We began life, primitive and guttural, using whatever came to hand that was reasonably valuable – stones, leather, elephants, etc. And in doing so, we invented money or at least an approximation of it. Then we decided that bartering was all a bit of a faff and the exchange rate for squirrel pelts or potato mashers (yes, folks: were not what they once were. So currency came into being. There you go, the history of forms of payment in one paragraph.

    And then came Bitcoin.

    Why is he wittering on like this ? Think about it a bit more. We now live in a world where we are surrounded by things that are intangible but which we now put as much value on – sometimes more – as hard cash. I attended an event in LA recently where the Chief Marketing Officer of Facebook was being interviewed. In a recent poll across the US, it was established that 55% of women would rather give up their wedding ring than the internet. FIFTY FIVE PERCENT !!!!! And before the demogogs get hot under the collar, this was a cross-section of gender, ethnic background, age and elephant ownership. So we are putting value on things that used to have no value and/or, up until fairly recently, did not exist at all.

    All of which leads me to my point, well nearly. Google make most of their not-so-hard-earned wonga from selling advertising. There you have it. The Wizarding World of Google is nothing more than a huge firm of ad salesmen. They can predict, fairly accurately, that when some nob from Chigwell wants to buy pies they can serve up all manner of Pukka-dom in response, and charge them a King’s ransom in return.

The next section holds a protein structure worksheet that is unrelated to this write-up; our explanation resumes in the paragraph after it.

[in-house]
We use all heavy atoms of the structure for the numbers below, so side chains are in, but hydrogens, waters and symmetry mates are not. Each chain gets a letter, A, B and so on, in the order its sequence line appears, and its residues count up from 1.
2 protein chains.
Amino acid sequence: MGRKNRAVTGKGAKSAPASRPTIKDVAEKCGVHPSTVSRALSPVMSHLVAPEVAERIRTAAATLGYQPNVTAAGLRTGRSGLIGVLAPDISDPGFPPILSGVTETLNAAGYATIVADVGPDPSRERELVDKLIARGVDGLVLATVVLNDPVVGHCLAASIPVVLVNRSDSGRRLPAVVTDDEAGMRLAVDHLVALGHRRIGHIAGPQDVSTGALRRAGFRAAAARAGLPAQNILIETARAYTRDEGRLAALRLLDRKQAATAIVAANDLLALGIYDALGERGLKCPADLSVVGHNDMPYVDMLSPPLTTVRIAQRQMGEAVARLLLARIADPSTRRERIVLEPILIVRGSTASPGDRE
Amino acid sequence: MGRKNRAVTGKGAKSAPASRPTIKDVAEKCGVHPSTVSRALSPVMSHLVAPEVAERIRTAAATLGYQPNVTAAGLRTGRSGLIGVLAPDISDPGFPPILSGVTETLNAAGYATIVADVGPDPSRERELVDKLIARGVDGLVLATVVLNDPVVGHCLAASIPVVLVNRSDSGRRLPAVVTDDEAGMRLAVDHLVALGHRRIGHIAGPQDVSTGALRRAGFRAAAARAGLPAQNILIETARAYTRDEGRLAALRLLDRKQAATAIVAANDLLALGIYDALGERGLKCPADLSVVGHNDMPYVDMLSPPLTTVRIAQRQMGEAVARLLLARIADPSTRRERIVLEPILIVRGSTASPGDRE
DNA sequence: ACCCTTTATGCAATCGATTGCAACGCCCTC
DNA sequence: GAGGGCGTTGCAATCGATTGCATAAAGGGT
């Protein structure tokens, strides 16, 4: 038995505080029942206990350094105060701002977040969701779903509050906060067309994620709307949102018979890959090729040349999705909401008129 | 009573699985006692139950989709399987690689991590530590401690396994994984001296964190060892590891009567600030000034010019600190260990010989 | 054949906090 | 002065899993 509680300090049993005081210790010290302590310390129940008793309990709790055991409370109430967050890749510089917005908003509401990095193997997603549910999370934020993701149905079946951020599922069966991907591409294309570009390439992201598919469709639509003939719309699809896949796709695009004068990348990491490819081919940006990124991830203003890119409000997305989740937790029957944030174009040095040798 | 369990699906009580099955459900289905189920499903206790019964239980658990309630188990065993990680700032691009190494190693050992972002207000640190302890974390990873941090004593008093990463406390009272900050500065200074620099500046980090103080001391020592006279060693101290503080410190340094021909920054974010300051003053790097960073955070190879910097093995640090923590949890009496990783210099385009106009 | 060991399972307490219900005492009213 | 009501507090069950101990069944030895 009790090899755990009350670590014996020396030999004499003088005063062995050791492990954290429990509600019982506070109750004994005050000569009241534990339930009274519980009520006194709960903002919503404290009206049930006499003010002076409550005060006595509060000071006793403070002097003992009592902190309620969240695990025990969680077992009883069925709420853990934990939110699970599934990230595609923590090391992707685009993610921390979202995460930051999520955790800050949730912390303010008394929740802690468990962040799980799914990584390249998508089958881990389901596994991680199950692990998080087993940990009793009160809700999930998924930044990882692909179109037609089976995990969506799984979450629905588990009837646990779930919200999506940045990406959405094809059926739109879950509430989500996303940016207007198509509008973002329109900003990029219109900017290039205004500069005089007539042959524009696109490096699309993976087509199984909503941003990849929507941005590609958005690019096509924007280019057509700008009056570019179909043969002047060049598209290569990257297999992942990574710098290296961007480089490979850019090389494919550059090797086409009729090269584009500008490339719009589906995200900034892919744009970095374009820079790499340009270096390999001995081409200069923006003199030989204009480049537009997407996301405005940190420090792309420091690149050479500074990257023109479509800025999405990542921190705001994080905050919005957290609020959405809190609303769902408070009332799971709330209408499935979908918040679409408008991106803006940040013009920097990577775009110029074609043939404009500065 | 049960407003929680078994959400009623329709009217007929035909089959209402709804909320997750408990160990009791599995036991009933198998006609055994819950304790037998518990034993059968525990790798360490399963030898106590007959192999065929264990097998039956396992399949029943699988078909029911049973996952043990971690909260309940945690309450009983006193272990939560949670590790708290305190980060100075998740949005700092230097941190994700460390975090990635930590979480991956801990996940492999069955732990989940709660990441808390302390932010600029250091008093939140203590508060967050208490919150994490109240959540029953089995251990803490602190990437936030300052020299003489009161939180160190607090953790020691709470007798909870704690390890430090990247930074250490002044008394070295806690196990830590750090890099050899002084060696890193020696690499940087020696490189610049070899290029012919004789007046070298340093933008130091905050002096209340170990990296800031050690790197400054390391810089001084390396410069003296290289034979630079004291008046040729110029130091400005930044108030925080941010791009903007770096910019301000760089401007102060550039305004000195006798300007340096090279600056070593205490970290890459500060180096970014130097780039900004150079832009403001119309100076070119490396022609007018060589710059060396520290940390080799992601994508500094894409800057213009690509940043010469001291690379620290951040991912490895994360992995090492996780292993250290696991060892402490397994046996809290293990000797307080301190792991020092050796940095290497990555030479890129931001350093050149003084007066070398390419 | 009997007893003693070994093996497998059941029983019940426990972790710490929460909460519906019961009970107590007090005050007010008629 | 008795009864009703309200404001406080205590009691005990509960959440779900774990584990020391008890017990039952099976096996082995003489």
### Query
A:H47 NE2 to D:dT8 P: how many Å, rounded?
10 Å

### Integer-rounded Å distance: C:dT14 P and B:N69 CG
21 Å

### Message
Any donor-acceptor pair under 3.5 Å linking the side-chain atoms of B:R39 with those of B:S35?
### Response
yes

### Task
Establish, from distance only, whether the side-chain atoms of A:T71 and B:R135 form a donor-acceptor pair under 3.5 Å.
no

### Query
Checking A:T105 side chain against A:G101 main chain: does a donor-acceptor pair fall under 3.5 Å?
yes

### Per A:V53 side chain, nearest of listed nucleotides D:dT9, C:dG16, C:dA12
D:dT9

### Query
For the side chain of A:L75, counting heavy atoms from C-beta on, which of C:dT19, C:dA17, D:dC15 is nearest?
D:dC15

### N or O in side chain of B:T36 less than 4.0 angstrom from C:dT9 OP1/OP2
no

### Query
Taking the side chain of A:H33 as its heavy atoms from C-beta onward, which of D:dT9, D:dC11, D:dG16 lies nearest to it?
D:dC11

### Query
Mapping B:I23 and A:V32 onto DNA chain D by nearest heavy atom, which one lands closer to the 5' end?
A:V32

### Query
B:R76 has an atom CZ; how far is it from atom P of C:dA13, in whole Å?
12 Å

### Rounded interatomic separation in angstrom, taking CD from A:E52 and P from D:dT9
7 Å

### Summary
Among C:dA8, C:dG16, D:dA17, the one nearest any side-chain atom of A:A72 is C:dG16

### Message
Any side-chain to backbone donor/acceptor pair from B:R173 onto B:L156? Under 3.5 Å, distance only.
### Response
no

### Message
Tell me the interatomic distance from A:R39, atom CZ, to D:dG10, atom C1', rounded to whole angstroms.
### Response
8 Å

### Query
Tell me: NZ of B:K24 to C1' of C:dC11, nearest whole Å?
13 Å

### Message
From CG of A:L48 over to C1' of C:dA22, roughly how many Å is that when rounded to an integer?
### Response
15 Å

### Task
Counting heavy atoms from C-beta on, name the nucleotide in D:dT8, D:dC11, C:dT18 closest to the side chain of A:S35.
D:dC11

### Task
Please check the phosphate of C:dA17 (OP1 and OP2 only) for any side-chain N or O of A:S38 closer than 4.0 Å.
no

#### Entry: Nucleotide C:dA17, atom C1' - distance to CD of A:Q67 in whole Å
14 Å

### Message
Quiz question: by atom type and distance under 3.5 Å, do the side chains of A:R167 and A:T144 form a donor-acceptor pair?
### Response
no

But that isn’t why the NSA owns/controls/is flirting with/would like to consummate/eat (delete as appropriate) Google. Nope. They really don’t care that Mr Nob from Chigwell is buying pies. But they DO like the fact that Google is now tracking almost everything in existence with alarming regularity and accuracy. Google, in many respects, is life’s VCR (far more so than Twitter largely down to Phillip Schofield and Dappy hogging it). They introduce Google Now which, with your gracious permission, can offer up all sorts of lovely factets about the traffic in front of you, the weather you can see out of your window, or the prices of all your stocks and shares. Yes, they know so much about you that if Google did one of those Facebook “10 Years in Review” on you, you might be surprised that they know things about you that even you didn’t know about you. (And, for the avoidance of doubt and before you ask, yes they do own the biggest analytical dataset on porn usage in the world.)

    Google is recording human history and it will come as absolutely no surprise that this is very, very, very, very, very valuable. What I think will be interested is at what point the humans in question start to know this en masse and start charging for it. What of Google then ? I actually think the information Google hold on us – with our tacit permission – is far more valuable than cash in the bank, the internet, or Maggie-Sue’s wedding ring from Walmart. It is probably the most valuable thing you own. Except you don’t. And that’s the problem.

    In passing mention, I will bring Facebook into the picture, but only to acknowledge that it is like Elvis in the 70s – bloated, off the rails, still producing some stuff people want to buy, but not very attractive. And certainly not worthy of the discussion above.

    I do wonder where all this will end. Data is getting bigger and more complex and we are no further on in owning any of it. I have therefore turned off Google Now, just to be mysterious for a bit. Go on, try it. Be a devil.